By Nina Chestney
LONDON (Reuters) – Russia’s cut in supplies through its main gas pipeline to Germany will leave countries unable to meet goals to refill storage and Europe’s biggest economy faced with rationing industry to keep its citizens warm during the winter months.
Politicians in Europe have repeatedly said Russia could cut off gas flows this winter, which would thrust Germany into recession and lead to soaring prices for consumers already grappling with inflation at multi-year highs.
So far, the most high-profile casualty of Russia’s reduced gas flows is Germany’s biggest gas importer Uniper. The government was last week forced to bail it out.
On Monday, the squeeze on Germany tightened when Gazprom said it needed to halt the operation of a turbine, meaning flows through Nord Stream 1 from Russia to Germany will drop to just 20% of capacity from Wednesday.
Gazprom had previously cited the delayed return of another turbine being serviced in Canada as the reason to reduce flows to 40% in June before halting them altogether for 10 days of scheduled maintenance this month.
Following the planned repair period, Gazprom resumed pumping on schedule on July 21, but at the reduced level of 40%.
Even before the latest reduction was announced on Monday, Germany’s energy network regulator had said the country would struggle to meet its storage target.
The European Union as a whole plans to refill storage to 80% of capacity by Nov. 1 to provide a buffer for the peak demand winter months. So far, European gas storage levels are at 66% full, data from Gas Infrastructure Europe shows.
Germany has an even higher goal of reaching 95% full by November.
At 20% of capacity, Europe will be able to refill storage to only 75%-80% ahead of winter, Wood Mackenzie consultancy said on Monday.
“As a result, Europe is likely to get through the heating season with only 20% gas in store at the end of March – a very low level,” Kateryna Filippenko, Principal Analyst, Global Gas Supply, at wood mackenzie said.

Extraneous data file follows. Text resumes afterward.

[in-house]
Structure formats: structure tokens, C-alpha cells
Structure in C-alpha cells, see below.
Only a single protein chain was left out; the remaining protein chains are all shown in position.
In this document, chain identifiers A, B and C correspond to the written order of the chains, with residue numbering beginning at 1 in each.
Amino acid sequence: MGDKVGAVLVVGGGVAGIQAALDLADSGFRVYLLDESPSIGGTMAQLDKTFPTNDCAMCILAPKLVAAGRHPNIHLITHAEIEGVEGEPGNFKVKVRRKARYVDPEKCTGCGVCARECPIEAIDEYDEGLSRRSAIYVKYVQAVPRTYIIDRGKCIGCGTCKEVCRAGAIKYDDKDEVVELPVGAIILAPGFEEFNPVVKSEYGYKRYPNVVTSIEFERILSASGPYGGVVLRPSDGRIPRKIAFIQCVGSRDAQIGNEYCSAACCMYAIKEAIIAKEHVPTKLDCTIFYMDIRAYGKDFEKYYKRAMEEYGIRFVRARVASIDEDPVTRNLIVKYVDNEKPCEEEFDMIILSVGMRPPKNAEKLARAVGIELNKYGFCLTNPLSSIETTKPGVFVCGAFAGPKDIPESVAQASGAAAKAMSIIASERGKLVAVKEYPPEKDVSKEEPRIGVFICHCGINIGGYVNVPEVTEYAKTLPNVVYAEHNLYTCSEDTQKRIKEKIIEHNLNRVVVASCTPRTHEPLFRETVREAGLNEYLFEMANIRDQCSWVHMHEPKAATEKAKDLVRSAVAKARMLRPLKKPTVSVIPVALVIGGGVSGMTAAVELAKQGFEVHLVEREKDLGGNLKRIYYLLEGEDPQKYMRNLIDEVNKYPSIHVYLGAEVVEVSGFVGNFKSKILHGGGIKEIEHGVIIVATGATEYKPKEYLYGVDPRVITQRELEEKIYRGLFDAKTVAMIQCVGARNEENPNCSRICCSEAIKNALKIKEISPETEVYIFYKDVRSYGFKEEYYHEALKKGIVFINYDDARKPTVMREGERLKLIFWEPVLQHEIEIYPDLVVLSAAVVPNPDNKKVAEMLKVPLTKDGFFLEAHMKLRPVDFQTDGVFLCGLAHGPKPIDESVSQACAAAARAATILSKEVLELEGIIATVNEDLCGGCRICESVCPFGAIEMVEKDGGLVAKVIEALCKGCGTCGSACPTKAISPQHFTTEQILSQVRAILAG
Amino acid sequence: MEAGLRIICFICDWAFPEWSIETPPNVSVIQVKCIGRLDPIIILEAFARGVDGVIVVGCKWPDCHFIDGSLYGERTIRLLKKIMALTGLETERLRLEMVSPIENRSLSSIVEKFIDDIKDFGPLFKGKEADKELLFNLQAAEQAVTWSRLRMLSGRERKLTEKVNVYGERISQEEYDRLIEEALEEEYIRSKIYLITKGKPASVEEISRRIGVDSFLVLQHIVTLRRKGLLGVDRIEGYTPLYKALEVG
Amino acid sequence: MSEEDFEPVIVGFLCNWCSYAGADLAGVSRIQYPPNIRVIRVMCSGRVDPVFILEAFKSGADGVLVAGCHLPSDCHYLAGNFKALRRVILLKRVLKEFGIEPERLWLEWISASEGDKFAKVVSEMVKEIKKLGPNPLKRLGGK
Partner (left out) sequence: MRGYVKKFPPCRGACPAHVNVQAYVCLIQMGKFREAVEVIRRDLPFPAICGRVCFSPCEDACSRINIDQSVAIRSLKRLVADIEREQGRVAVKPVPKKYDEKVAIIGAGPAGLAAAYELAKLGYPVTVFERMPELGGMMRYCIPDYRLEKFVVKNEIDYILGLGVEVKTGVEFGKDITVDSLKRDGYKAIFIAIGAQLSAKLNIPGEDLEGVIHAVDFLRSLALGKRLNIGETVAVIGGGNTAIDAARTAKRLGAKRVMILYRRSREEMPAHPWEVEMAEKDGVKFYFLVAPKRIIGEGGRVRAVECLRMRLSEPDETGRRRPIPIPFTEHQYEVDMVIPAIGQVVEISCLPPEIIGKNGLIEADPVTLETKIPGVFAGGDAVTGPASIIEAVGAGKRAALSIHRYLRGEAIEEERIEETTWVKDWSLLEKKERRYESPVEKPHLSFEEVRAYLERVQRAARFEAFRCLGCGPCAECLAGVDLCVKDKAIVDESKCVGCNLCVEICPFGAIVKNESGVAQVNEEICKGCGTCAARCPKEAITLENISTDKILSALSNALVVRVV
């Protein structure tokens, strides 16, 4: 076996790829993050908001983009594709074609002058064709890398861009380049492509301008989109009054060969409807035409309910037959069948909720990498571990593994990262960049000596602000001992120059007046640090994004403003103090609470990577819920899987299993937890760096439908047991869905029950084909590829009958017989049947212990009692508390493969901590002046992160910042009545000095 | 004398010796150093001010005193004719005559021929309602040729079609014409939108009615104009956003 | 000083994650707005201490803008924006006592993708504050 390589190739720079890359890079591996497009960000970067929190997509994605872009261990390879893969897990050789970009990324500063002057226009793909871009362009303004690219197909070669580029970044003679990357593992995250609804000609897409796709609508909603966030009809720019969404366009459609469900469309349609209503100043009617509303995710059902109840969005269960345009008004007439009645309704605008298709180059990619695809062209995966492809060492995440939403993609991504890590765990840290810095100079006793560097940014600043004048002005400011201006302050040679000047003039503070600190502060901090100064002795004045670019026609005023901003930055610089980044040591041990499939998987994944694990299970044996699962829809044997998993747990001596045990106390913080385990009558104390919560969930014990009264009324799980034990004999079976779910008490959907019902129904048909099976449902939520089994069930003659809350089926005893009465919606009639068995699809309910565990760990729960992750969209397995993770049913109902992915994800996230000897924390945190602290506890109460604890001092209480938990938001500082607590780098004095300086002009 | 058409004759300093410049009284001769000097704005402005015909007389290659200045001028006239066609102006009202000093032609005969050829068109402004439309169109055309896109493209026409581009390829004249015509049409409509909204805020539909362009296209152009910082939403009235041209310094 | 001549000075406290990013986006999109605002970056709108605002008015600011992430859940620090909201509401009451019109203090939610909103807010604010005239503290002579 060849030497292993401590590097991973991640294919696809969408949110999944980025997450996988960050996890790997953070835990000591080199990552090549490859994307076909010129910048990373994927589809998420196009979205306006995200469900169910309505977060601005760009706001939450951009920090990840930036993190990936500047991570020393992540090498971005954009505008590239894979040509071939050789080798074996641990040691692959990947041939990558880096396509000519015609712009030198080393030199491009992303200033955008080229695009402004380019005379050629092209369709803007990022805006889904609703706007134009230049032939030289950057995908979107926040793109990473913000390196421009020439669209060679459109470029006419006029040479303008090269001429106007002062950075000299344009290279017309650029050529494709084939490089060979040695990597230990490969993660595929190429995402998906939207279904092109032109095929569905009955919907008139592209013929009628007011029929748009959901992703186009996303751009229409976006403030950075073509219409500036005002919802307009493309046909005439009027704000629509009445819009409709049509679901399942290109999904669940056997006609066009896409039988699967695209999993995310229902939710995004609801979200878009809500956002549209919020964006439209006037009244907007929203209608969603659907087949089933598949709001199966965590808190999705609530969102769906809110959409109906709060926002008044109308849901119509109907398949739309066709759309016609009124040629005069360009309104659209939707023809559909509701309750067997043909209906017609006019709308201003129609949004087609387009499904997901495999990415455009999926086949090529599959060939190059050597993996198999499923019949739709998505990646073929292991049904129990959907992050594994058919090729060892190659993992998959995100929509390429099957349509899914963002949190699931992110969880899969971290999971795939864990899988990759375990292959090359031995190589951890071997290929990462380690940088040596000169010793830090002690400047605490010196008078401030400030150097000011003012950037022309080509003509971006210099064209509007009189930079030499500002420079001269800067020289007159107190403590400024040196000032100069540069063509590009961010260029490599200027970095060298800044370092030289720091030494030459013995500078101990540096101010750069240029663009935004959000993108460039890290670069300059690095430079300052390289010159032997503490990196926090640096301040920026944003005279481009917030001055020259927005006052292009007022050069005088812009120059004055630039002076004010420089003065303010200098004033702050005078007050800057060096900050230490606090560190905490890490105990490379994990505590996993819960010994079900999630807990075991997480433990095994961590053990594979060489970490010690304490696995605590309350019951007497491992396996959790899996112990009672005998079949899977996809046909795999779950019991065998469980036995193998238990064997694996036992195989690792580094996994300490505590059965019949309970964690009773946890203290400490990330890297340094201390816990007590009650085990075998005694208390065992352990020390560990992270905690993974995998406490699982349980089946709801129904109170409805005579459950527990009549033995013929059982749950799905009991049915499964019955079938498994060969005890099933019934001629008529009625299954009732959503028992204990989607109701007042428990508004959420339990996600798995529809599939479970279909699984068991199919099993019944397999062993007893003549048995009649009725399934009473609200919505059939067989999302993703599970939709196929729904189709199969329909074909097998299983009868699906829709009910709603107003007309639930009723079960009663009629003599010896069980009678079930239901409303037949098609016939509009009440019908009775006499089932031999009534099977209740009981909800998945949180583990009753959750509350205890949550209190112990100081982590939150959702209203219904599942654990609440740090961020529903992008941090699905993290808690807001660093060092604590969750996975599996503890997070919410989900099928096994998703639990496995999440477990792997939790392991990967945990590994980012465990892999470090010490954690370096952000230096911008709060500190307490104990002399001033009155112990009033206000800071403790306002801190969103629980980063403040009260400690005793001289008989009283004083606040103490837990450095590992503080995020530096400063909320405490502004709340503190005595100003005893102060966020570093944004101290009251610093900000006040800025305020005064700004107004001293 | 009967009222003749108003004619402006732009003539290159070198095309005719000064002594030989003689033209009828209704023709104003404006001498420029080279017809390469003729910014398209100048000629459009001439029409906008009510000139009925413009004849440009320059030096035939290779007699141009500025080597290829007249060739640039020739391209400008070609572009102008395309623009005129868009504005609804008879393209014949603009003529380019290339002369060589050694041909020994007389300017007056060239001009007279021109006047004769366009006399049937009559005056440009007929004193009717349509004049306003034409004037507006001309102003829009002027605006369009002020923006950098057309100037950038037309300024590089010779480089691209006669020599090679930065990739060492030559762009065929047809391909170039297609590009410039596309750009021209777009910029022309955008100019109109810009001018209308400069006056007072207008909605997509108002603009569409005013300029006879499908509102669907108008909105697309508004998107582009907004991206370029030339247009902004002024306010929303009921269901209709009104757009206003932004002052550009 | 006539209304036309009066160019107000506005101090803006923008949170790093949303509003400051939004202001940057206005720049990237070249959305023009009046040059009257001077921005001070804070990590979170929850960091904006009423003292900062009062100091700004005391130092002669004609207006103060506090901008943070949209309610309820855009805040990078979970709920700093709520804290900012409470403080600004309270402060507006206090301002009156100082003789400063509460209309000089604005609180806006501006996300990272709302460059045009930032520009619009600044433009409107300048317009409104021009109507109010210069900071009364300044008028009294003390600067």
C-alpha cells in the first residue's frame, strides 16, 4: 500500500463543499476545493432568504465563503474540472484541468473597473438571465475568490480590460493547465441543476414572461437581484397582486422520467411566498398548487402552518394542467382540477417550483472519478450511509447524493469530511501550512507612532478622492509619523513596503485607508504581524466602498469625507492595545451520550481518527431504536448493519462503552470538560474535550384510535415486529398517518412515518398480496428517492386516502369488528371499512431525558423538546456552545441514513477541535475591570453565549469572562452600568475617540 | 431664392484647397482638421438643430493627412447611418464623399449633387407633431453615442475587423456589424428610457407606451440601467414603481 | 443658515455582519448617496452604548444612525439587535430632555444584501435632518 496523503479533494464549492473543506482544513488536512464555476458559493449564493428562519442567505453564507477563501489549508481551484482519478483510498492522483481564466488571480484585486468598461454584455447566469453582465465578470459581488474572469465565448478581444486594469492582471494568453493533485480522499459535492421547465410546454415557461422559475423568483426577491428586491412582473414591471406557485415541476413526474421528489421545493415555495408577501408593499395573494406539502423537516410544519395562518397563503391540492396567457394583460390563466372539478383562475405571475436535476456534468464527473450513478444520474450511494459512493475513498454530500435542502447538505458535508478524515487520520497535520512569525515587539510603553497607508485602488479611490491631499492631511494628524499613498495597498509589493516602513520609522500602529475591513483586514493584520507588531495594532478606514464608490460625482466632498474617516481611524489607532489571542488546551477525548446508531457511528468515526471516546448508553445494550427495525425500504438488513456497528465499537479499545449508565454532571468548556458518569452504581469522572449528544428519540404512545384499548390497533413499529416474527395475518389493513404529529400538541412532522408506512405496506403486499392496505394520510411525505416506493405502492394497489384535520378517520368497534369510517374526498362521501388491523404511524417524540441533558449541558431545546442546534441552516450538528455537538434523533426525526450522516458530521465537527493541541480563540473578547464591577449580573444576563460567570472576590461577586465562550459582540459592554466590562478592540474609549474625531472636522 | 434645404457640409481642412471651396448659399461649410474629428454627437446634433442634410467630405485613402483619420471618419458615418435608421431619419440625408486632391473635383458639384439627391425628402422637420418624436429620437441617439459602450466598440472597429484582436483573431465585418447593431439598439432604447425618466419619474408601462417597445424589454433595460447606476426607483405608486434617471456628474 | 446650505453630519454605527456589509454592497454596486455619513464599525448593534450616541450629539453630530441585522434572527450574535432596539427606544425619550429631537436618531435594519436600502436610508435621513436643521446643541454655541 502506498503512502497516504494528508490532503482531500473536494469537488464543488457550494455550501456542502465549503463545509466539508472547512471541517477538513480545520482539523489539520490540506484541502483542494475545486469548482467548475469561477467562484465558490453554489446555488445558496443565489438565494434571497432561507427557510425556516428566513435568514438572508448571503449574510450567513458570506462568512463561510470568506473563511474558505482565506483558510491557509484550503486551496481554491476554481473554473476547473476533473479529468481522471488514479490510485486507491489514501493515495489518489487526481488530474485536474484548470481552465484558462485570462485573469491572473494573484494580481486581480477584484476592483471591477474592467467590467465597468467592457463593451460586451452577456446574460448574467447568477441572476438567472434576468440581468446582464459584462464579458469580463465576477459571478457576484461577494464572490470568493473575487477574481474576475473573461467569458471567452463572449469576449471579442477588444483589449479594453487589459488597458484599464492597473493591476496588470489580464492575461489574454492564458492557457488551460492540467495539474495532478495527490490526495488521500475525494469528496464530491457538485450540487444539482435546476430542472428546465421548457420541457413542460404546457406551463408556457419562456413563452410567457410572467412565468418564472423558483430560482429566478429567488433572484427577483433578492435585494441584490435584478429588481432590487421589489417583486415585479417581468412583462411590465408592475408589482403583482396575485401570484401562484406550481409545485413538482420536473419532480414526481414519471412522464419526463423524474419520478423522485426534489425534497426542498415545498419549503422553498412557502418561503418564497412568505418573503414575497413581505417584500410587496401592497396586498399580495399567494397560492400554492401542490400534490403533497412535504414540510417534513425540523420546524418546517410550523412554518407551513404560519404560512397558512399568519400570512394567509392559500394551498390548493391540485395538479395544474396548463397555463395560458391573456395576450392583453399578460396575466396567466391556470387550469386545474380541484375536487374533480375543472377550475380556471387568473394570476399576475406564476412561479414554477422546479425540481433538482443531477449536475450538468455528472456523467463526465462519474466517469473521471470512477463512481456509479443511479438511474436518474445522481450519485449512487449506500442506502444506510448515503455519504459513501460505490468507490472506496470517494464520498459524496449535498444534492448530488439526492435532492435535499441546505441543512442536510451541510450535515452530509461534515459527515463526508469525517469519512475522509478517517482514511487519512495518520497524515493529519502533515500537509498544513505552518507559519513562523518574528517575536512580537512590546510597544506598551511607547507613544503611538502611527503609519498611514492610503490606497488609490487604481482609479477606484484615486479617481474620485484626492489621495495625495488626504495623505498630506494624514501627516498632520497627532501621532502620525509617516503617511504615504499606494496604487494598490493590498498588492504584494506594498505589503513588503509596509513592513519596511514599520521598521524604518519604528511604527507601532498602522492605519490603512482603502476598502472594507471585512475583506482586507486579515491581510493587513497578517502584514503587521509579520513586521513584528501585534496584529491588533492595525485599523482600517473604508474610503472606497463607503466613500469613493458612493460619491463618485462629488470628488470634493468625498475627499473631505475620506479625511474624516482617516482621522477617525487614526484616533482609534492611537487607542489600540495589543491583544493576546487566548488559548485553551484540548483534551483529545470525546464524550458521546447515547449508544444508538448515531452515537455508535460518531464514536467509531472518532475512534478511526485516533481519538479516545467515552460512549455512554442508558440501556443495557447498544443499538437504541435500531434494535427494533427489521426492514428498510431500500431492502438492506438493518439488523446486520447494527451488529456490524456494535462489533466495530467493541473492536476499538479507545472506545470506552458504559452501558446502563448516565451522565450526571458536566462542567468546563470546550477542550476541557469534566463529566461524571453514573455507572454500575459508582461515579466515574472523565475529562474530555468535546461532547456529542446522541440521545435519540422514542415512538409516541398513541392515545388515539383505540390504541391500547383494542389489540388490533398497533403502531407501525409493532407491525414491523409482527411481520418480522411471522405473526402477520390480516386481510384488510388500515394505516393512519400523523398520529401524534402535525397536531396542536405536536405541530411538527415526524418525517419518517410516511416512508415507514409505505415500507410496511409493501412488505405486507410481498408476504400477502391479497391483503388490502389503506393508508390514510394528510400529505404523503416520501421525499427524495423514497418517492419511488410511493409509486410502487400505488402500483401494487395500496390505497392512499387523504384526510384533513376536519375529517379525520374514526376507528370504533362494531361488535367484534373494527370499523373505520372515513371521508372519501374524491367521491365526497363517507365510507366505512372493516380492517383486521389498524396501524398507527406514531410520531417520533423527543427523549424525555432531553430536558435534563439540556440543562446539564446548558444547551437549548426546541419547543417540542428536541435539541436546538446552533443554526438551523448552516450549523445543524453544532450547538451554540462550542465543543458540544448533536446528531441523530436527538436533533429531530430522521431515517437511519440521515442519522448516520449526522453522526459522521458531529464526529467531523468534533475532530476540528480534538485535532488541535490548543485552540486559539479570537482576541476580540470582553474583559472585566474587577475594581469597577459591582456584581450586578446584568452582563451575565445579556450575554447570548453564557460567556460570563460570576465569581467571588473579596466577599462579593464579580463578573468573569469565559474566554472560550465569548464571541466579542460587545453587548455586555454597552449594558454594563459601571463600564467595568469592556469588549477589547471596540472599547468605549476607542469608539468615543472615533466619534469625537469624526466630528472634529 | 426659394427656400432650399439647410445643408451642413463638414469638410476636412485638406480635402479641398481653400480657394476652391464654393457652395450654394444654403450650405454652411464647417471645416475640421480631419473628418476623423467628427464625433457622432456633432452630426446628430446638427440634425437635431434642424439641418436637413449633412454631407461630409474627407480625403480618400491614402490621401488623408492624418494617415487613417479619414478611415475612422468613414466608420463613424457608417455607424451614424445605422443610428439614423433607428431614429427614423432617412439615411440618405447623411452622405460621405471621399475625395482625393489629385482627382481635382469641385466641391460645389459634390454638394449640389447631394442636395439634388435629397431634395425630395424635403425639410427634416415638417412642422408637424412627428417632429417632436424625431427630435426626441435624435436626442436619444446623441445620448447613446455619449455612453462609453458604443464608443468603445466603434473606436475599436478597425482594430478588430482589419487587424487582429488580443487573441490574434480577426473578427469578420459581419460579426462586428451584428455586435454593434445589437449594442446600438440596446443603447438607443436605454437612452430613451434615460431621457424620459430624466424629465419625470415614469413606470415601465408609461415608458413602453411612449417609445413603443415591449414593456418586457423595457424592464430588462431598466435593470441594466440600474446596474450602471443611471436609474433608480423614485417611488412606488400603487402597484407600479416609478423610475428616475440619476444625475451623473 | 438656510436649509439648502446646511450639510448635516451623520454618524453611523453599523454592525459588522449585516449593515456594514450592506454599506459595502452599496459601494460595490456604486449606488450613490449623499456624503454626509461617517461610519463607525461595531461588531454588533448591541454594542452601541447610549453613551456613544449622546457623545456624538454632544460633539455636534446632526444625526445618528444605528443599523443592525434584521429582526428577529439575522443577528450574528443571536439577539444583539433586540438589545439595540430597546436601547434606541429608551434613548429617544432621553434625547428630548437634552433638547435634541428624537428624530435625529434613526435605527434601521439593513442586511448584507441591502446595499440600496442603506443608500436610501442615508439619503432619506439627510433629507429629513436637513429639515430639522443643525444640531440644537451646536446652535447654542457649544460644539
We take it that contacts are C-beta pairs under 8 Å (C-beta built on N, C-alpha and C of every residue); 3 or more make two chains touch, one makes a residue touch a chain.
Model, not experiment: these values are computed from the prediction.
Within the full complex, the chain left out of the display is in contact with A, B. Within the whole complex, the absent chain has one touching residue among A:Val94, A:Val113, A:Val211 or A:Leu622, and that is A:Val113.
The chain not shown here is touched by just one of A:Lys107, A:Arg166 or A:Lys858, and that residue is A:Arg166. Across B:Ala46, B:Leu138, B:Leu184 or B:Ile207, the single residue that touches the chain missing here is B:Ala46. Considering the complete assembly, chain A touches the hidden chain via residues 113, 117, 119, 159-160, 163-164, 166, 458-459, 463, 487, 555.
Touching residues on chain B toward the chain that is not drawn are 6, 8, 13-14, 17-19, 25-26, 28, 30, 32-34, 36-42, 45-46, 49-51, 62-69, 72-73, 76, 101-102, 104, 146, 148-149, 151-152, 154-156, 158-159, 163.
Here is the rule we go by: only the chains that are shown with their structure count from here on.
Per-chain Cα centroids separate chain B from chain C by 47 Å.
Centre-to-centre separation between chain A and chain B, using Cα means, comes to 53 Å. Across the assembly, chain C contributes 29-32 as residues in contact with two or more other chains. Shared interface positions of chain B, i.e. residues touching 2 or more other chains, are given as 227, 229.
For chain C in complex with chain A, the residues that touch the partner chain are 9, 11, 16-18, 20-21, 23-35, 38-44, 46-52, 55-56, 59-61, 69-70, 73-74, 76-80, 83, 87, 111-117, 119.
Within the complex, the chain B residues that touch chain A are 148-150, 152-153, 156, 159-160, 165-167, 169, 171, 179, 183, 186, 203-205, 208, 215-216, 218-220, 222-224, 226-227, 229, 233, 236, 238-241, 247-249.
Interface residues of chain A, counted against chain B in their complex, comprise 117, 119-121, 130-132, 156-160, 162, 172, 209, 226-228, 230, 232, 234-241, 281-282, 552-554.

An extra cold winter would strain the situation further, especially if the weather is severe in Asia, as well as Europe, which would limit global availability of liquefied natural gas (LNG) to supplement pipeline supplies.
Gas flows via other pipeline routes, such as Ukraine, have also fallen since Russia invaded its neighbour in February, in what Moscow calls a “special military operation”, and the risk of a total cut-off through Nord Stream 1 looms large.
While Germany is particularly dependent on Russian gas, Austria and central and eastern Europe are also big users of Russian supplies.
Before the cuts linked to the turbine servicing in Canada, Russia has cut gas flows to Bulgaria, Denmark, Finland, Dutch firm Gasterra and Shell for its German contracts, after they all rejected a Kremlin demand issued in March to switch to payments in roubles.
Analysts and politicians say it would be very easy for Russia to find further reasons for further cuts.
“The key question is whether Russia wants to maximise pressure now and derail Europe’s plans to refill its gas inventories by the fall, or if Moscow wants to keep its powder dry until later in the year,” said Centre for Strategic and International Studies fellows Ben Cahill and Isabelle Huber.
The European Union has been preparing for the prospect of continued lower supplies or a complete stoppage by seeking out alternative suppliers, encouraging energy saving and increasing coal generation.
Last week, the European Commission, the EU executive, proposed a target for all member states to cut gas use by 15% from Aug. 1 to allow storage to fill more quickly.
But the plan faces resistance from member states, with some flatly against binding cuts and others unwilling to let Brussels control their energy use.
“The entire European energy system is going through a crisis, and even with the restart of Nord Stream 1, the region is in a tight position with continued risk to energy security,” Karolina Siemieniuk, analyst at consultancy Rystad Energy, said.
“European countries will need to work together fast if they are to survive the winter relatively unscathed and even if they do, the spectre of the next winter in 2023/24 is likely to keep prices elevated for months on end.”
(Reporting by Nina Chestney; additional reporting by Marwa Rashad; editing by Simon Webb and Barbara Lewis)